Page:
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TensorFlow is a multipurpose machine learning framework. TensorFlow can be used anywhere from training huge models across clusters in the cloud, to running models locally on an embedded system like your phone.

This codelab uses TensorFlow Lite to run an image recognition model on an Android device.

What you'll learn

What you will build

A simple camera app that runs a TensorFlow image recognition program to identify flowers.

License: Free to use

This codelab will be using Colaboratory and Android Studio.

Open the Colab which shows how to train a classifier with Keras to recognize flowers using transfer learning, convert the classifier to TFLite and download the converted classifier to be used in the mobile app.

Clone the Git repository

The following command will clone the Git repository containing the files required for this codelab:

git clone https://github.com/tensorflow/examples.git

Next, go to the directory you just cloned the repository. This is where you will be working on for the rest of this codelab:

cd examples

android.png

Install Android Studio

If you don't have it installed already, go install AndroidStudio 3.0+.

Open the project with Android Studio

Open a project with Android Studio by taking the following steps:

  1. Open Android Studio. After it loads select " Open an existing Android Studio project" from this popup:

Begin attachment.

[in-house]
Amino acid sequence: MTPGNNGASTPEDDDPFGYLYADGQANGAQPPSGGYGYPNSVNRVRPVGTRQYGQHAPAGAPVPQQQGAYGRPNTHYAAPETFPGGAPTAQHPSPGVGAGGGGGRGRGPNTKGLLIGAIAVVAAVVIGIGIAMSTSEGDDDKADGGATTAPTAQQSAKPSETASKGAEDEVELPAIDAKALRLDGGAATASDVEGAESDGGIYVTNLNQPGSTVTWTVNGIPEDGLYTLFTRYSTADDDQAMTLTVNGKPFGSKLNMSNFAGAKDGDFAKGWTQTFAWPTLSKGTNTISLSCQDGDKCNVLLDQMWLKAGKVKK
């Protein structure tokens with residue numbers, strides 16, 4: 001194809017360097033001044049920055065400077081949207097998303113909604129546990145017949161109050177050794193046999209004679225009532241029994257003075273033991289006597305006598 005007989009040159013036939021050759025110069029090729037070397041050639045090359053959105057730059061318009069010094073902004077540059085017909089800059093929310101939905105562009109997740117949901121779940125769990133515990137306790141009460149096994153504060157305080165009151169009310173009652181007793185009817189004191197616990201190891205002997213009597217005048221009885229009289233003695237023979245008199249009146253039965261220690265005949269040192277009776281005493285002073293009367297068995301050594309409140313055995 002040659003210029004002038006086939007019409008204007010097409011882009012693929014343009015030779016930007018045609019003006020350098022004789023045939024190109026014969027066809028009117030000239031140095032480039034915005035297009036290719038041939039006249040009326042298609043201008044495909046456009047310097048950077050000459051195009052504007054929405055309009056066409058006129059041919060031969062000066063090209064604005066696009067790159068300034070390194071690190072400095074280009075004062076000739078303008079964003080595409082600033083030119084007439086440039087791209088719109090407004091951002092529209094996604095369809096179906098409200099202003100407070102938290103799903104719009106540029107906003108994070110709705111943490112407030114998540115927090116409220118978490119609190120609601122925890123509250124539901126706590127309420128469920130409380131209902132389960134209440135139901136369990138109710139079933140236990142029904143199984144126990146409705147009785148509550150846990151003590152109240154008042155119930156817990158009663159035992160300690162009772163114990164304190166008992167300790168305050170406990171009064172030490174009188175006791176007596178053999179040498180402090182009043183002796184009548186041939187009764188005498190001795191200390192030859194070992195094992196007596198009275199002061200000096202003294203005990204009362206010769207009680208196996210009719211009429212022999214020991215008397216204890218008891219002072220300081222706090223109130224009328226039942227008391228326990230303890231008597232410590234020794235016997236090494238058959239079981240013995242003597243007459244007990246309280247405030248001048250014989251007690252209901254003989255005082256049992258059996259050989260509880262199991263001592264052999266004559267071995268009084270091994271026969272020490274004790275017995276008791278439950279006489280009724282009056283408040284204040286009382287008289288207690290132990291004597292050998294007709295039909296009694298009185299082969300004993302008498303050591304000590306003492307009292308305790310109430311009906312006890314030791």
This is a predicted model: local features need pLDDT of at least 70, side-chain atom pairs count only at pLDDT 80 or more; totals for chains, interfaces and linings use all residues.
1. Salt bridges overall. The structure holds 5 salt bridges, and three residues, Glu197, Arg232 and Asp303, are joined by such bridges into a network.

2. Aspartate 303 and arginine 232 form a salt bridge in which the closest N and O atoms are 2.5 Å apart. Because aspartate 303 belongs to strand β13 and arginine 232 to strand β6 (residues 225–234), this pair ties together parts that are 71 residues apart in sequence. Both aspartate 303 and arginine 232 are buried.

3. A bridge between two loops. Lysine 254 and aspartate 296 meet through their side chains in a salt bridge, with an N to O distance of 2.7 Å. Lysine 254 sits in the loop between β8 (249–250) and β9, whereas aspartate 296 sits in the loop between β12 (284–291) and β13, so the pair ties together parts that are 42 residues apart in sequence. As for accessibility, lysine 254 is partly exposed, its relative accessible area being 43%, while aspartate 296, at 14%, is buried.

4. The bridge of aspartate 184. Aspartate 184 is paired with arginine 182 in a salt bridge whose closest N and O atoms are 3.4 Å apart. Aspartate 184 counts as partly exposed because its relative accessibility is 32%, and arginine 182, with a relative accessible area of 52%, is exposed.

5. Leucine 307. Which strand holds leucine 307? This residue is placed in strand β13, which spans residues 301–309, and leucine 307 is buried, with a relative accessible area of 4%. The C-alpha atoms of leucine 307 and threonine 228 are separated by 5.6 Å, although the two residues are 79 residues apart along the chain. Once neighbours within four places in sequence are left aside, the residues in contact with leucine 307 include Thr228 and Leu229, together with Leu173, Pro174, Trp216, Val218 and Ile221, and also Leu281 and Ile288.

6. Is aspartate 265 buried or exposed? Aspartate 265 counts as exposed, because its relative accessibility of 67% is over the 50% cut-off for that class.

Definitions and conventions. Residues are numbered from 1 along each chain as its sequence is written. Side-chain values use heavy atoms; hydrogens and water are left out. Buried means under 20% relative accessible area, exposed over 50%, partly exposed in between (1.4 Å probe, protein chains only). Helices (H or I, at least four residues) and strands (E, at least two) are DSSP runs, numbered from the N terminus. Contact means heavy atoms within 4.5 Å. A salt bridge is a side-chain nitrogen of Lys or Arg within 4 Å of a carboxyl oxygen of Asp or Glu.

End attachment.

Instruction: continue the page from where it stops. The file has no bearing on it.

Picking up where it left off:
1. In the file selector, choose examples/lite/codelabs/flower_classification/android/start from your working directory.
  1. You will get a "Gradle Sync" popup, the first time you open the project, asking about using gradle wrapper. Click "OK".

Add the TensorFlow Lite model to assets folder

Copy the TensorFlow Lite model model.tflite and label.txt that you trained earlier to assets folder at lite/codelabs/flower_classification/start/app/src/main/assets/.

Update build.gradle

  1. Go to build.gradle of the app module and find this block.
dependencies {
    // TODO: Add TFLite dependencies
}
  1. Add TensorFlow Lite to the app's dependencies.
implementation('org.tensorflow:tensorflow-lite:0.0.0-nightly') { changing = true }
implementation('org.tensorflow:tensorflow-lite-gpu:0.0.0-nightly') { changing = true }
implementation('org.tensorflow:tensorflow-lite-support:0.0.0-nightly') { changing = true }
  1. Then find this code block.
android {
  ...
  // TODO: Add an option to avoid compressing TF Lite model file
  ...
}
  1. Add the following lines to this code block to prevent Android from compressing TensorFlow Lite model files when generating the app binary. You must add this option for the model to work.
aaptOptions {
  noCompress "tflite"
}
  1. Click Sync Now to apply the changes.
  1. Open ClassifierFloatMobileNet.java, find this code block.
public class ClassifierFloatMobileNet extends Classifier {
  ...
  // TODO: Specify model.tflite as the model file and labels.txt as the label file
  ...
}
  1. Add model.tflite and label.txt that are to be used for inference.
@Override